(Click on the image to zoom in)
When Marion and Rob invited me to write here on their weblog I was honoured as it shows the friendship that we have built together. When they asked me if I would be willing to write here some articles about Lesvos, the island where I was born and were I still live, I was even more honoured. I am proud on the island that I can call my home. And with asking me to write about Lesvos they opened the Box of Pandora, as I can keep on telling about Lesvos. But I promise to hold back (at least I will try *grins*).
Lesvos, created by volcano’s
Lesvos is a volcanic island, but the volcano’s that created the island are already for thousands of years inactive. Al around the island you can find proof of its volcanic origin, like the warm springs of Eftalou, the volcanic rock structures you find all over the hill and mountain slopes, the also empty landscape of the western region caused by the volcanic ashes and of course the Petrified Forest there, which wouldn’t have existed without volcanic activity and ashes.
Even the rock where the Church of Panagia Glykofilousa (The well-known “Sweet Kissing Virgin” church of Petra) is built on is of volcanic origin, it is a so called “volcanic neck” (tubes connected to an underground magmatic chamber from where in the distant past magma moved up to the surface). So sorry, it is not a meteorite that fell down from the sky as some still want to claim. I will tell the legend of the Panagia Glykofilousa church in another article.
And so there are many more evidences around the island of its volcanic origin.
So how to name Lesvos
So lets have a look at the origin of the name Lesvos.
There have been many names from prehistoric times up to recent history like Lassia (“Densely forested”), Aiyeria (“Home of the sun tanned people”), Imerti (“Longed for”), Aithiope (“Sun drenched island”) and Makaria, after king Makaras (there will be an article on Makaras and his daughters).
It is said that Lesvos got its name from a brother-in-law of King Makaras, named Lesvos.
But it is also said that the island got its name from an ancient settlement at the headland on the bay of Kalloni which was named Lesvos (there were magnificent ruins found in that area).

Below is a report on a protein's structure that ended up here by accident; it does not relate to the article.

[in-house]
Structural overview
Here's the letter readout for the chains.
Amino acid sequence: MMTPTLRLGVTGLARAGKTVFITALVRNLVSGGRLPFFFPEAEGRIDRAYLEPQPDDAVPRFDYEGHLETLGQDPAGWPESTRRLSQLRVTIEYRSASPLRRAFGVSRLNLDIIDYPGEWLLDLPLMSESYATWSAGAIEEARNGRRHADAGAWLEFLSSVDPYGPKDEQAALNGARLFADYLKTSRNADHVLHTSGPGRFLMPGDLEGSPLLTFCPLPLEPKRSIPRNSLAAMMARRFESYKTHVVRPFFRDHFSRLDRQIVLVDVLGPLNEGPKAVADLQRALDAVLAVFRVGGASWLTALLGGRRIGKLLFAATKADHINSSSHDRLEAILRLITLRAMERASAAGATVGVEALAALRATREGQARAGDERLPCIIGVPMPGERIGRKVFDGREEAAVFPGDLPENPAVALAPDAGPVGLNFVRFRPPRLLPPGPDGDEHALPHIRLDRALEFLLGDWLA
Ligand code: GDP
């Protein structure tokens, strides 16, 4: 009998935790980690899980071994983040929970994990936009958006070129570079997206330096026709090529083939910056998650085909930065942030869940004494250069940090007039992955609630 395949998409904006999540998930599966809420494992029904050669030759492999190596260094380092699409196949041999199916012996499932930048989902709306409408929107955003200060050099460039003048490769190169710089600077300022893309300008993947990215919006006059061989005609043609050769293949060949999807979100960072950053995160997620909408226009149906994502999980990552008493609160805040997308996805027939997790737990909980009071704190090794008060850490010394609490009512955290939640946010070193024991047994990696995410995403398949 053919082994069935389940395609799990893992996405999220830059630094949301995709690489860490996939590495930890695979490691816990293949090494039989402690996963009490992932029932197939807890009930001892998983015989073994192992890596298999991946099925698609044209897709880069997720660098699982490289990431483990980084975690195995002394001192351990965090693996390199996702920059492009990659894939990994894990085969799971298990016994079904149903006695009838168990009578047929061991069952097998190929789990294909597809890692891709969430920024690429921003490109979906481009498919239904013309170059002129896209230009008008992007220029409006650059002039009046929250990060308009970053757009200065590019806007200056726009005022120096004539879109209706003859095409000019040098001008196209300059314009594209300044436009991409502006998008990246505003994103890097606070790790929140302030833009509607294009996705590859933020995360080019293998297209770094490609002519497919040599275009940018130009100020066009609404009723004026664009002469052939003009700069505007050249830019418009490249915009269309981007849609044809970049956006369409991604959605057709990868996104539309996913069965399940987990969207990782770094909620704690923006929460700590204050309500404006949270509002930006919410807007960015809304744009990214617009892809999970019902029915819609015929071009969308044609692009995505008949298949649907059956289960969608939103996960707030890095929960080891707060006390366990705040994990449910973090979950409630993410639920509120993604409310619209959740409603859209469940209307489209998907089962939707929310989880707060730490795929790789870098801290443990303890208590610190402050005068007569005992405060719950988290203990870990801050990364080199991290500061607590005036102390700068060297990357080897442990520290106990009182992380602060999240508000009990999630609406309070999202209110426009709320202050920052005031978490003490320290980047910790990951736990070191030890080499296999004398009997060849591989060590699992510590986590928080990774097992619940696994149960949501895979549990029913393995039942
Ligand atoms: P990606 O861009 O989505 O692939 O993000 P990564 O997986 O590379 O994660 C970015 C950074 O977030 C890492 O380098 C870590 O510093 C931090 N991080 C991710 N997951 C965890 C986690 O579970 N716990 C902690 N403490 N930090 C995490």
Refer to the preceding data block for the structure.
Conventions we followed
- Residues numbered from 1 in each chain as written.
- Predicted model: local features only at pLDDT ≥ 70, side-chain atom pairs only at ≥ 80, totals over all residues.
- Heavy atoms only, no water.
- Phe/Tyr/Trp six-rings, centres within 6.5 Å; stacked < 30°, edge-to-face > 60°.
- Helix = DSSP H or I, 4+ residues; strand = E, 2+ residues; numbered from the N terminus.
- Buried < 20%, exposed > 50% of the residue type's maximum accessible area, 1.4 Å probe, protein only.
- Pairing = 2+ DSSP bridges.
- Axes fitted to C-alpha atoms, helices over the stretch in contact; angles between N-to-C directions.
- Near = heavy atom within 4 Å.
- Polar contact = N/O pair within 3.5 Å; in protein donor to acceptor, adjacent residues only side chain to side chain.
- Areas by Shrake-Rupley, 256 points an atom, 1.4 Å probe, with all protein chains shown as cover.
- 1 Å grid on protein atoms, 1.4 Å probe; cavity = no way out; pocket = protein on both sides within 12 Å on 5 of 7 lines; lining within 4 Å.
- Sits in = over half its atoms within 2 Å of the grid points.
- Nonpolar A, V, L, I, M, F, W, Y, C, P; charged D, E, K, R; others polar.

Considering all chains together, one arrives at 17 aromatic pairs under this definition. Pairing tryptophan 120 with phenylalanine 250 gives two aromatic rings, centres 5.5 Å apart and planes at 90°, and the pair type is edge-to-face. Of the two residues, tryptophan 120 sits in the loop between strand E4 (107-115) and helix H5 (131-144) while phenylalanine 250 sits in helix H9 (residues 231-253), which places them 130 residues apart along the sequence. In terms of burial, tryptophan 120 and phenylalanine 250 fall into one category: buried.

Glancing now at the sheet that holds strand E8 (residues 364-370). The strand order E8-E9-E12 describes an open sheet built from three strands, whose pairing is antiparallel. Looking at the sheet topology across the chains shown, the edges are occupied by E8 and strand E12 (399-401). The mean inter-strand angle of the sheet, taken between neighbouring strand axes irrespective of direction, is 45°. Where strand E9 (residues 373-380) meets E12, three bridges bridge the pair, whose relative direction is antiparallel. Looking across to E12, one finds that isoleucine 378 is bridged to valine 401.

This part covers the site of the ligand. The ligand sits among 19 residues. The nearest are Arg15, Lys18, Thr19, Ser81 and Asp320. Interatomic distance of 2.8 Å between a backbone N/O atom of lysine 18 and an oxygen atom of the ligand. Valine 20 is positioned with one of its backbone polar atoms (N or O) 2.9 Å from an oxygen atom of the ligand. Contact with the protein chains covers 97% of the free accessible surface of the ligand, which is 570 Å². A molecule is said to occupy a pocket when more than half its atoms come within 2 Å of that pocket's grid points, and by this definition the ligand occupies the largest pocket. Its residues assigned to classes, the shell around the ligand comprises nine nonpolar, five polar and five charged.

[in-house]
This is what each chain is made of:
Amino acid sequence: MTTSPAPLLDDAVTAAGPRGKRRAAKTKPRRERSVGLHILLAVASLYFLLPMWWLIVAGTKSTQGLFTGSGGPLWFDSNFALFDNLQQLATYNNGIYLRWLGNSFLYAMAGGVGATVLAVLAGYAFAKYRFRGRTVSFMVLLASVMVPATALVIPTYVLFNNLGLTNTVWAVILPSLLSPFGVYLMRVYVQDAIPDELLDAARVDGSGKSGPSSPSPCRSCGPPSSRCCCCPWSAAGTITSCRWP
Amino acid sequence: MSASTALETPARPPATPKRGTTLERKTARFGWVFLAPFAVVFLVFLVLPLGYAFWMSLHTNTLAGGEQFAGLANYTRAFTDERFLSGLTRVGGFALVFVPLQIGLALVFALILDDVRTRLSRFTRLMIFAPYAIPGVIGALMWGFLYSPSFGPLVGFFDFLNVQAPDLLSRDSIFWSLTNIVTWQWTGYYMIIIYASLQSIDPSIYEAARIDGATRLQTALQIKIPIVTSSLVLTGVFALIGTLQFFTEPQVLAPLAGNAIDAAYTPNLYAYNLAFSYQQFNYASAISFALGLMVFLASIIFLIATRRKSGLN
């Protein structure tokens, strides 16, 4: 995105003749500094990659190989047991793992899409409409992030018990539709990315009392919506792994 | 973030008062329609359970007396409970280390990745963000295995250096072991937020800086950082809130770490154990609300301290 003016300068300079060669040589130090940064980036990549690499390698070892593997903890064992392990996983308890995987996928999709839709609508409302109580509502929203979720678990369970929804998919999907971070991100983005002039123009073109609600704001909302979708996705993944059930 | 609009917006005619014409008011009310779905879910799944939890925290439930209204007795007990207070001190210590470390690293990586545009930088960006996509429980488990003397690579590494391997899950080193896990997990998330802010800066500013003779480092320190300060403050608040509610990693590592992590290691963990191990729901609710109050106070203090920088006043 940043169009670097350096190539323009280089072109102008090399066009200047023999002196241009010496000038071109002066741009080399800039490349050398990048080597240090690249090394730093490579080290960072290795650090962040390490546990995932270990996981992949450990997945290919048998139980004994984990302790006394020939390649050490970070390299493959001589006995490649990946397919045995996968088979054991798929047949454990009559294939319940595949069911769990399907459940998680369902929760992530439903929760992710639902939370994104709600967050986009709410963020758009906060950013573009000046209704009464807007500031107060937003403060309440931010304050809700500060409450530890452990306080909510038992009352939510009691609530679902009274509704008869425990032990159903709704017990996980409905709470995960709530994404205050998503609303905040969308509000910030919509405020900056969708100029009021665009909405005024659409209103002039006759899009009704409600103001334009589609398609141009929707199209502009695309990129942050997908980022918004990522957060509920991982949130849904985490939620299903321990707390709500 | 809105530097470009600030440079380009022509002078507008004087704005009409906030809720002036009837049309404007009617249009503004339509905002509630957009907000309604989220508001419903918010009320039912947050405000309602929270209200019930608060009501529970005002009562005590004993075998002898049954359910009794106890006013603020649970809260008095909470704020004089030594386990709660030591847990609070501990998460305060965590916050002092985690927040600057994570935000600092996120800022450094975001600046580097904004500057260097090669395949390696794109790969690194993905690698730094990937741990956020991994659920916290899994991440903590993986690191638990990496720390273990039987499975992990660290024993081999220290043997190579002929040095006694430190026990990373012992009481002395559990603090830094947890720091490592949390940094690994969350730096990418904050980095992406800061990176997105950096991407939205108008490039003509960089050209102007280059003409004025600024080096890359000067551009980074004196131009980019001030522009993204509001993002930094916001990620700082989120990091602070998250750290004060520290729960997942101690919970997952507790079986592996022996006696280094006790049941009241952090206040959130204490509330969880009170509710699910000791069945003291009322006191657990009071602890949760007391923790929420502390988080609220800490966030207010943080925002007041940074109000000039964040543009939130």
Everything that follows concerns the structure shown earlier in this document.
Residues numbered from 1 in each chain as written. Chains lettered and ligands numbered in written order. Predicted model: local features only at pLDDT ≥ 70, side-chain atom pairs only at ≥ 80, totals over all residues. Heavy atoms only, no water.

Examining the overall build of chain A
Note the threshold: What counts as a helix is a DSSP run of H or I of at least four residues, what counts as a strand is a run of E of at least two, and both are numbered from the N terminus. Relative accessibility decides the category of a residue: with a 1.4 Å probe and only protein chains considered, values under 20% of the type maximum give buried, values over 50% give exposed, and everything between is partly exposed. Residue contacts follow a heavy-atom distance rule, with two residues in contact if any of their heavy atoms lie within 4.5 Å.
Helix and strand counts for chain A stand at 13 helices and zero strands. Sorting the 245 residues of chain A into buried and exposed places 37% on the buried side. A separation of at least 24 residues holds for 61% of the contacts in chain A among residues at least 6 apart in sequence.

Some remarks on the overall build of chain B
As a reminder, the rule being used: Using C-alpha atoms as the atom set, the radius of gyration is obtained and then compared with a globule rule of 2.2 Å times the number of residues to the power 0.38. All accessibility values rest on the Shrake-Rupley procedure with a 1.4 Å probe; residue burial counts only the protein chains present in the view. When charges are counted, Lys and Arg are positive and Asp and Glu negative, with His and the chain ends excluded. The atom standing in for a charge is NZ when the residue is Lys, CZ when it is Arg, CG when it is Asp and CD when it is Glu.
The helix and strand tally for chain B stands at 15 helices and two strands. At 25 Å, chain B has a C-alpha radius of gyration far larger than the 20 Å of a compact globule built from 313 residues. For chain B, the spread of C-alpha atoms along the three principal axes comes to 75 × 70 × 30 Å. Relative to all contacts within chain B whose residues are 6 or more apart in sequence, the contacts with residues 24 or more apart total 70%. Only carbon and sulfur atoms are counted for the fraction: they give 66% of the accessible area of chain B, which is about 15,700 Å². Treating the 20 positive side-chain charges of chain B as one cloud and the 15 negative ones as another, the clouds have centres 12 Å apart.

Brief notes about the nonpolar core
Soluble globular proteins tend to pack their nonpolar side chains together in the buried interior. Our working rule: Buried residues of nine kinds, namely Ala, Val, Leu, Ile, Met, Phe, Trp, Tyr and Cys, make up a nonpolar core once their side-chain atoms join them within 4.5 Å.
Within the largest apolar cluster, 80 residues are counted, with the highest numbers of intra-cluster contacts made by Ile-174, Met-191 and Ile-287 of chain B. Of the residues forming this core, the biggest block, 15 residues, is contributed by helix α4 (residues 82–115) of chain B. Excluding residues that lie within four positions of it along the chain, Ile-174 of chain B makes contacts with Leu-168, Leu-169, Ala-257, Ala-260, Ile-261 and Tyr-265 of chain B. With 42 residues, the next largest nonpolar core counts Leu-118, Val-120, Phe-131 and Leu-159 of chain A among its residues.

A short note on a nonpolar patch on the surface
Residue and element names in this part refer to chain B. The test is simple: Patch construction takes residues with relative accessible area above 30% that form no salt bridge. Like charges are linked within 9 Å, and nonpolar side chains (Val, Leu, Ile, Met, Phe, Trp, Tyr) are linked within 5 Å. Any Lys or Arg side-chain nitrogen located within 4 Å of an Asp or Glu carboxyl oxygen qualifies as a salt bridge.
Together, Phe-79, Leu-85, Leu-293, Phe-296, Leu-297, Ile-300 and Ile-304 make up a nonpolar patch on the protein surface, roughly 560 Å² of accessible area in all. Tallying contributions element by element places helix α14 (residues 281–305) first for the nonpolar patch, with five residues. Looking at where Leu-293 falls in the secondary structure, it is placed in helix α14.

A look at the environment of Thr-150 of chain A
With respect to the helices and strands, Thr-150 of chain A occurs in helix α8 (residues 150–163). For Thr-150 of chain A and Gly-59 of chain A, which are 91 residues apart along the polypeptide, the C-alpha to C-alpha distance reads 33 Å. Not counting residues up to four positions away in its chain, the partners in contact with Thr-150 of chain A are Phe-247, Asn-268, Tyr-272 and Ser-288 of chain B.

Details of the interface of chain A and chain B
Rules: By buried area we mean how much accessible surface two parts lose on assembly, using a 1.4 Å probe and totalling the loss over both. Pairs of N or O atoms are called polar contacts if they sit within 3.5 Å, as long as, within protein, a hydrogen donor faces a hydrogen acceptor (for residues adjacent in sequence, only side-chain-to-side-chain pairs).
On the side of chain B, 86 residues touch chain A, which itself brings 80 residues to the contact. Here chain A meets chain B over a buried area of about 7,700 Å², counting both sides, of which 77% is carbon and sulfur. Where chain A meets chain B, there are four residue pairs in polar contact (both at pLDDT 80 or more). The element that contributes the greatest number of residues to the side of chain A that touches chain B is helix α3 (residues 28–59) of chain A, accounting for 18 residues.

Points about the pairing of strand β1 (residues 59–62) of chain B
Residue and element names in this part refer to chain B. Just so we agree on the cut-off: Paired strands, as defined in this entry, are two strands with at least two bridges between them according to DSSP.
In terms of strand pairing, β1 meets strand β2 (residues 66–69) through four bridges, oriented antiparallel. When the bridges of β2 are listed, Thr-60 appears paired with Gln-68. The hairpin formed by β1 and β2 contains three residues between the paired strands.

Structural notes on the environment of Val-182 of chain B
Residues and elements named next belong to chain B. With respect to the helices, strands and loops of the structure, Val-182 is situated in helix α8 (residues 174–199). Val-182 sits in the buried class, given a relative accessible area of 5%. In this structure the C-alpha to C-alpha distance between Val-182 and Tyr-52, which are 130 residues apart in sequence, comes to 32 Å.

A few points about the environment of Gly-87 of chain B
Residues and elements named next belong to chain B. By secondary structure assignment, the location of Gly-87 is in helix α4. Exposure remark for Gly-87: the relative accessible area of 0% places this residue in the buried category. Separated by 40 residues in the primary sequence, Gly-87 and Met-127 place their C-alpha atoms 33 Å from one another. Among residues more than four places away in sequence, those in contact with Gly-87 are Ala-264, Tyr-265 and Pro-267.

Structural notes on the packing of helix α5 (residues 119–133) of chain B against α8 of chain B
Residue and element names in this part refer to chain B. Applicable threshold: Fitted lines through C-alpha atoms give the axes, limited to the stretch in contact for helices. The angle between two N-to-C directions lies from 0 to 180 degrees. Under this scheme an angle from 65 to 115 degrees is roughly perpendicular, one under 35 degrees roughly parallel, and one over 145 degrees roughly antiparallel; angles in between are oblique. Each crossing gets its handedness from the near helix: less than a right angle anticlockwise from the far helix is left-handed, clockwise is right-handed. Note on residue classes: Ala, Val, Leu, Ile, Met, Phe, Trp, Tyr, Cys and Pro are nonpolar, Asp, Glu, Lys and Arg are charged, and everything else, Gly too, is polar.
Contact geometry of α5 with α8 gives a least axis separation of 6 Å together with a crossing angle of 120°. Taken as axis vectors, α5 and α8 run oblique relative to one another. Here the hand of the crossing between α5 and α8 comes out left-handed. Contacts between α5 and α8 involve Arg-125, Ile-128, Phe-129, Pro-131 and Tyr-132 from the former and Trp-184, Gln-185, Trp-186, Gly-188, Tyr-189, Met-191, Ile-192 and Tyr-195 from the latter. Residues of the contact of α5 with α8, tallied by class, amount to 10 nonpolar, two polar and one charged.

Another explanation is that island was called “Lesvi”, which means the Green Island and over time this changed in to Lesvos.
Lesvos…. Lesbos…. and to make it even more confusion, the island is also called Mytilini after its capital city.
Mythology on Lesvos
You cannot talk about Greece without talking about the Greek Mythology and especially not when you are talking about Lesvos.
Lesvos is mentioned in the travels of Homer. Odysseus battled King Philomileidis (and won). Lesvos has been under attack of Achilles several times. Apollo had a sanctum on mount Lepetymnos (the people of Lesvos worshipped specially Apollo and Artemis). Matriketas had his observatory on the top of mount Lepetymnos. The tomb of Palamides, the inventor of letters and numbers, was on the slopes of the same mountain.
And the list of mythical events goes on and on. Such beautiful stories to tell.
Lesvos and the prehistory
The history of Lesvos goes way back into the prehistoric times. Many fossils of animals and plants were found. Spectacular was the discovery of the fossils of giant apes of the Paradolichopithecus family, the very oldest in Europe.
But also fossils of insects, crocodiles, horses, camels and other animals that nowadays cannot be found any more on the island.
Throughout the history Lesvos had been threatened and occupied more then once by foreign powers.
There are some periods that needs to be mentioned. Of course the Roman period, The Byzantine Period, The Hegemony of the Gattelusi, The Turkish Period and the last occupation during World War II by Germany.
It is said that apostle Paul visited Lesvos. Same is said about Pompei. And of both I am not convinced that it is true.
So again enough to write about.
Monasteries, churches and chapels
Lesvos knows many monasteries, churches and chapels.
There are some well-known monasteries as the Monastery of Limonos (with the valley of chapels) or the Ypsilou Monastery (built on the crater of a dormant volcano).
Although I am not religious, I am very interested in these old monasteries and churches, they are very important to the history of Lesvos and without them the island would not have been the same.
Of course there are the stories of the poet Saphho who caused the connections between Lesvos and lesbianism. Many stories and myths going around her. Very interesting historical stuff with an influence on nowadays life.
(On the photo the rock that might be the one where Saphho committed suicide, although other stories tell she died of age).
And then there are the historical sites around Lesvos, like the Ancient Watermills of Petra, the Temple of Aphrodite (Mesa), the Castle of Molivos, the Ancient Theatre in Mytilini (room for 15.000 spectators and yes, the theatre in Rome was inspired by this one), Pyrra (one of the 5 ancient cities of Lesvos…. and there is so much more.
Cities and towns
Lets not forget the many beautiful cities and towns there are on the island: Think of Mythimna (Molivos), Stipsi, Sigri, Petri, Petra, Skala Eresou, Plomari, Kalloni and many more. Each of them unique and with their own stories. Some of these stories will end up here on the weblog.
There is really so much to write about when it comes down to Lesvos. Marion and Rob, you really opened the Box of Pandora!
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(Credit map Lesvos: Welcome to Lesvos Island
Credit photo Orpheus Cave: Public Domain (see http://www.pd4pic.com/hellbrunn/ )
Credit picture Pandorra’s box: Athens Times
Credit all other photo’s: Mel)